The adverse water quality incidents indicator identifies the number of adverse water quality incidents from drinking water systems subject to O.Reg 170/03/O.Reg 252/05 and unregistered drinking water systems. An adverse drinking water incident occurs when a water sample test result exceeds the Ontario Drinking Water Quality Standards 118 or an operator observes that the system may not be providing safe water.
Contaminated drinking water can lead to serious health concerns. Most water-related health problems are caused by microbial or chemical contamination and can result in illnesses ranging from mild gastroenteritis, to disease outbreaks including E. coli infections, giardiasis and cryptosporidiosis.
Public health programs and services, together with programs through the Ministry of the Environment, aim to prevent or reduce the occurance of water-borne illness:
- through timely and effective detection and identification of water contaminants and illnesses, their associated risk factors and emerging trends
- mitigating water-borne illness
- using evidence to influence the development of healthy public policy to reduce the burden of water-borne illnesses of public health importance
- ensuring public awareness of drinking water safety and the importance of source protection
Boards of health must ensure that the medical officer of health, or designate, is available 24 hours a day, 7 days a week to receive and respond to reports of adverse water quality incidents. Public health units are also involved in providing input into the development of legislation and regulations in order to ensure that the minimum standards for public water systems reflect evidence informed best practices.
The safety of drinking water is a major concern throughout Ontario, especially since the Walkerton contaminated drinking water incident in 2000.
There are about 2,855 drinking water systems in Ontario as of February 2008 governed under the Safe Drinking Water Act 119 Regulation 170/03. 120 These include year-round residential systems as well as those that supply water to designated facilities such as schools, daycares and nursing homes. An additional 18,000 small drinking water systems fall under Ontario Regulation 318/08 121 (Transitional- Small Drinking Water Systems) and Ontario Regulation 319/08, 122 (Small Drinking Water Systems).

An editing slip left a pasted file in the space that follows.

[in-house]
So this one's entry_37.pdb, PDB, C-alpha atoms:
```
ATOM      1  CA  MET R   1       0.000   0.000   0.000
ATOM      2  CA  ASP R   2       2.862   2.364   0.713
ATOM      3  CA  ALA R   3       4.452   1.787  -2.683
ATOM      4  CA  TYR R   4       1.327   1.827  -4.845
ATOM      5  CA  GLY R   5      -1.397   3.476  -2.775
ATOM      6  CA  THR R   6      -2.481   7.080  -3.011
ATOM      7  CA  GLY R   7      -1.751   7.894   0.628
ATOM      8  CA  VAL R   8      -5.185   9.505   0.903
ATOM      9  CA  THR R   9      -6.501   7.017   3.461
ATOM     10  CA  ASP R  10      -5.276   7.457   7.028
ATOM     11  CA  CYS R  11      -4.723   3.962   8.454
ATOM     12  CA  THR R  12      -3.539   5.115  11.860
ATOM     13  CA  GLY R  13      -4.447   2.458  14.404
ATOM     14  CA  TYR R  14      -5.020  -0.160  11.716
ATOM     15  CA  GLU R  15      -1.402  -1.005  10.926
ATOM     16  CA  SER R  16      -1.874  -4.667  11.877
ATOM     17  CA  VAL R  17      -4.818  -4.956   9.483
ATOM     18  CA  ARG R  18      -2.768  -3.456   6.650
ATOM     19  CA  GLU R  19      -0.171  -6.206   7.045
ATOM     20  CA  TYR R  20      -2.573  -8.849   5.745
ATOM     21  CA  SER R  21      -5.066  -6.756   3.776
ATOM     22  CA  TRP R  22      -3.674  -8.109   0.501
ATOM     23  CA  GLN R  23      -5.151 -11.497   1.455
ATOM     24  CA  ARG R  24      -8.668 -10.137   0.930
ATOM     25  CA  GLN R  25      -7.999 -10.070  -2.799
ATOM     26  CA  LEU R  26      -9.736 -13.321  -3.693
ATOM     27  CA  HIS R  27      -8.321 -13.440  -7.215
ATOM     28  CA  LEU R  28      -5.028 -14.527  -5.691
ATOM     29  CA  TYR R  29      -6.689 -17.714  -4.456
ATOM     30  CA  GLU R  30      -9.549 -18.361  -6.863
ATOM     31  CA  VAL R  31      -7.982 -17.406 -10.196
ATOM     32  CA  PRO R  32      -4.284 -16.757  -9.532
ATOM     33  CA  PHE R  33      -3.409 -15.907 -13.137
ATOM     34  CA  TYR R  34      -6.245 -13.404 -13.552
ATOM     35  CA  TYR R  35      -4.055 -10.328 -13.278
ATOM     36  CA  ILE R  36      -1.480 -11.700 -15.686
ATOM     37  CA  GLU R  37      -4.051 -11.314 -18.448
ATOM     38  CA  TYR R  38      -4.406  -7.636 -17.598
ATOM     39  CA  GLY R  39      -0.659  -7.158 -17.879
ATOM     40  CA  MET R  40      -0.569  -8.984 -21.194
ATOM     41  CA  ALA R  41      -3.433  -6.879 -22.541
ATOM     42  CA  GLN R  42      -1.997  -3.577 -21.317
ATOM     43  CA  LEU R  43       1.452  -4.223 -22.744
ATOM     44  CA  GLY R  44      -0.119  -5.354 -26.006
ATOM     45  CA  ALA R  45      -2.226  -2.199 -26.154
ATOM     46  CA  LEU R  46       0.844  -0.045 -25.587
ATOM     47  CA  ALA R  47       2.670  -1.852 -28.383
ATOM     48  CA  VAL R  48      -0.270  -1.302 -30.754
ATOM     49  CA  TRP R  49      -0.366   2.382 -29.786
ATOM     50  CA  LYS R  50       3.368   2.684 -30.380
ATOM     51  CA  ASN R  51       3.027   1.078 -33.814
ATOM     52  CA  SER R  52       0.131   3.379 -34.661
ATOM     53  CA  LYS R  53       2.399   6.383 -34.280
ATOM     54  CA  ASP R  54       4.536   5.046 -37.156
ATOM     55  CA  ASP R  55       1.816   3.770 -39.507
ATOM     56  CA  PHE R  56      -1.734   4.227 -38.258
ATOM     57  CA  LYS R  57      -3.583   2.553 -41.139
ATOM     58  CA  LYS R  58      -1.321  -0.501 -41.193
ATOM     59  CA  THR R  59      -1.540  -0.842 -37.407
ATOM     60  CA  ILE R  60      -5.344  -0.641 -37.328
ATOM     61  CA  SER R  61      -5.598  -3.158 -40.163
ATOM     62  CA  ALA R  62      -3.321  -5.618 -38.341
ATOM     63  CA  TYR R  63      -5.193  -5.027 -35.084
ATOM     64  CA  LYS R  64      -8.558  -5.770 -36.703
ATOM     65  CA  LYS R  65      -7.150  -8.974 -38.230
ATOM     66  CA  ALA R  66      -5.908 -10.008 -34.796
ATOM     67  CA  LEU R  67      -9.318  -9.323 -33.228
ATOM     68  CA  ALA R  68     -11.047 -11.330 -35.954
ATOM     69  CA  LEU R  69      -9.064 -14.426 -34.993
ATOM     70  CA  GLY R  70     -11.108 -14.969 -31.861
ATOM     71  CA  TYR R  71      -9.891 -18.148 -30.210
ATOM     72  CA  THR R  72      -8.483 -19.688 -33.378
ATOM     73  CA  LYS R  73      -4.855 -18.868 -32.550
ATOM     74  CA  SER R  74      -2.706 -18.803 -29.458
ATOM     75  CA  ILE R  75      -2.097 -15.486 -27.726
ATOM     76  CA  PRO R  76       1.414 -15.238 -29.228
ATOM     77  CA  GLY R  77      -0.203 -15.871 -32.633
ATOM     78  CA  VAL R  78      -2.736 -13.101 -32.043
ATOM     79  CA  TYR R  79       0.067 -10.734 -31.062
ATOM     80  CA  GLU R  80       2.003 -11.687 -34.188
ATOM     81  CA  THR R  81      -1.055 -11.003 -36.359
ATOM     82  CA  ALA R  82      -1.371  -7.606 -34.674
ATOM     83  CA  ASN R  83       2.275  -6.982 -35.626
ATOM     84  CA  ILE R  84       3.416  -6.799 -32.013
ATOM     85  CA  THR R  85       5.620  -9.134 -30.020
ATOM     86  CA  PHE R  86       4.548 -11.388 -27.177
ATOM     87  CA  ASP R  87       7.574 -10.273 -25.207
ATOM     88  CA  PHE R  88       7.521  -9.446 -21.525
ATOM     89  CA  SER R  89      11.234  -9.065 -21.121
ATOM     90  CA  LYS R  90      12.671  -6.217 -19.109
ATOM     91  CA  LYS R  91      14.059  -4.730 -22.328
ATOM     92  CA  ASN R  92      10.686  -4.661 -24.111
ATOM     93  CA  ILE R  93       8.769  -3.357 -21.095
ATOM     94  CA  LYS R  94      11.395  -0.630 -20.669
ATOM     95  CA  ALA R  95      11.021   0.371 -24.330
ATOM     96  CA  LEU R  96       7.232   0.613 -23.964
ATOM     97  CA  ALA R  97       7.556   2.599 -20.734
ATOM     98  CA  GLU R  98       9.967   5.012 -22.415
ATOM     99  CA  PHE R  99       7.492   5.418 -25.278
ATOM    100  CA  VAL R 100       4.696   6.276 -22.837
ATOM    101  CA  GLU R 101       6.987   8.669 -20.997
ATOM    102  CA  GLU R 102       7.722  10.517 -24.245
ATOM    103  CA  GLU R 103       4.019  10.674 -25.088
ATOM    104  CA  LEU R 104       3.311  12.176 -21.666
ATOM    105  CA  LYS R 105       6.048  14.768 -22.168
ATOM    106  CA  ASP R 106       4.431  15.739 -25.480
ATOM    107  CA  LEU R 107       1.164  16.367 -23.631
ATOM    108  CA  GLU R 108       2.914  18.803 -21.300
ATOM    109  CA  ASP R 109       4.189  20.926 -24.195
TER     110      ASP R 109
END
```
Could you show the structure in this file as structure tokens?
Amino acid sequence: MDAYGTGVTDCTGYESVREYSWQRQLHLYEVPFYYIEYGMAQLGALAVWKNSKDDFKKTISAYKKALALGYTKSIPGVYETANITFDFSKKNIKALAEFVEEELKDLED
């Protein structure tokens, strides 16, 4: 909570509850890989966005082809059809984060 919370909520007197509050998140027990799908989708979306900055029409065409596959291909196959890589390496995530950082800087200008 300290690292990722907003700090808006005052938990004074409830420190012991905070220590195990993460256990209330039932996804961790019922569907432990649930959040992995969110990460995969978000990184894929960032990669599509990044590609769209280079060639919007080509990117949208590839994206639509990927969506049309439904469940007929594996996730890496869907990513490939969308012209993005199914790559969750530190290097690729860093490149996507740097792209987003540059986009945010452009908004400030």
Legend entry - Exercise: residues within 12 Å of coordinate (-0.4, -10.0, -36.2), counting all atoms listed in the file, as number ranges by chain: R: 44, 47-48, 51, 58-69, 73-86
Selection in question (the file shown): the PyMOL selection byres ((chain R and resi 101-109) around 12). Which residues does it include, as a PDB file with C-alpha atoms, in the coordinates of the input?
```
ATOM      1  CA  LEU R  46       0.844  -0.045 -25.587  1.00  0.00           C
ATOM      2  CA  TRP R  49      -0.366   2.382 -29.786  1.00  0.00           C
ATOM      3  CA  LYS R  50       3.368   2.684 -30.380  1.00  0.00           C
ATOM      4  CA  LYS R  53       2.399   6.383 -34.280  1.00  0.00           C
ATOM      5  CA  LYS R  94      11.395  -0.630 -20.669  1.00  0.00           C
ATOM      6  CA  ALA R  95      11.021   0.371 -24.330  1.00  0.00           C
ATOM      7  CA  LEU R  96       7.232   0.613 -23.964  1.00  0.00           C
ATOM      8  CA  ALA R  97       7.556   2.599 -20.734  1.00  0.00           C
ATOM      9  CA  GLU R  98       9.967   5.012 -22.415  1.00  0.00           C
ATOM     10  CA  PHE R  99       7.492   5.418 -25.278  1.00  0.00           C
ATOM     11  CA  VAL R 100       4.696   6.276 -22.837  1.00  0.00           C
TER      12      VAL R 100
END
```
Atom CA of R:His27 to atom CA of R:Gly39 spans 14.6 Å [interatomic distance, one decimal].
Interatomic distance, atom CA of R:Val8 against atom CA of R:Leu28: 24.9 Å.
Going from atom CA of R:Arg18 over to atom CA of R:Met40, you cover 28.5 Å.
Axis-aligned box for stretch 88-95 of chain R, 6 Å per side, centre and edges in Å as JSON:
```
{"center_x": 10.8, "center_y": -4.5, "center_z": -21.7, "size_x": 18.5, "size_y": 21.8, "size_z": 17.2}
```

There are wide variations in the size and complexity of the drinking water systems that fall under the various regulations. These variations have a direct bearing on the water sampling and testing frequency and, ultimately, the number of adverse water quality incidents which may occur
In 2007 there were a total of 4,458 adverse drinking water incidents in Ontario for all system types. Based on 36 public health units in Ontario the highest number of adverse drinking water incidents was 446 and the lowest number was 13 for the calendar year of 2007. The wide variation of reported adverse water quality incidents among public health units reflects the number of regulated drinking water systems within each health unit as well as the size of the population served by the systems. Systems serving larger populations have greater sampling frequency requirements.
Number of adverse water quality incidents from drinking water systems subject to O.Reg 170/03/O.Reg 252/05 and unregistered drinking water systems.
Drinking Water Programs Branch, Ministry of the Environment
Number of adverse water quality incidents from drinking water systems subject to O.Reg 170/03/O.Reg 252/05 and unregistered drinking water systems for the 2007 calendar year
- Exceedances from schools and day cares subject to O.Reg 243/07 not included in this summary
- O.Reg 170/03, a.k.a. Drinking Water Systems included year round residential systems as well as designated facilities including schools, daycares and nursing homes
- O.Reg 252/05 a.k.a. Non-Residential and Non-Municipal Seasonal Residential Systems That Do Not Serve Designated Facilities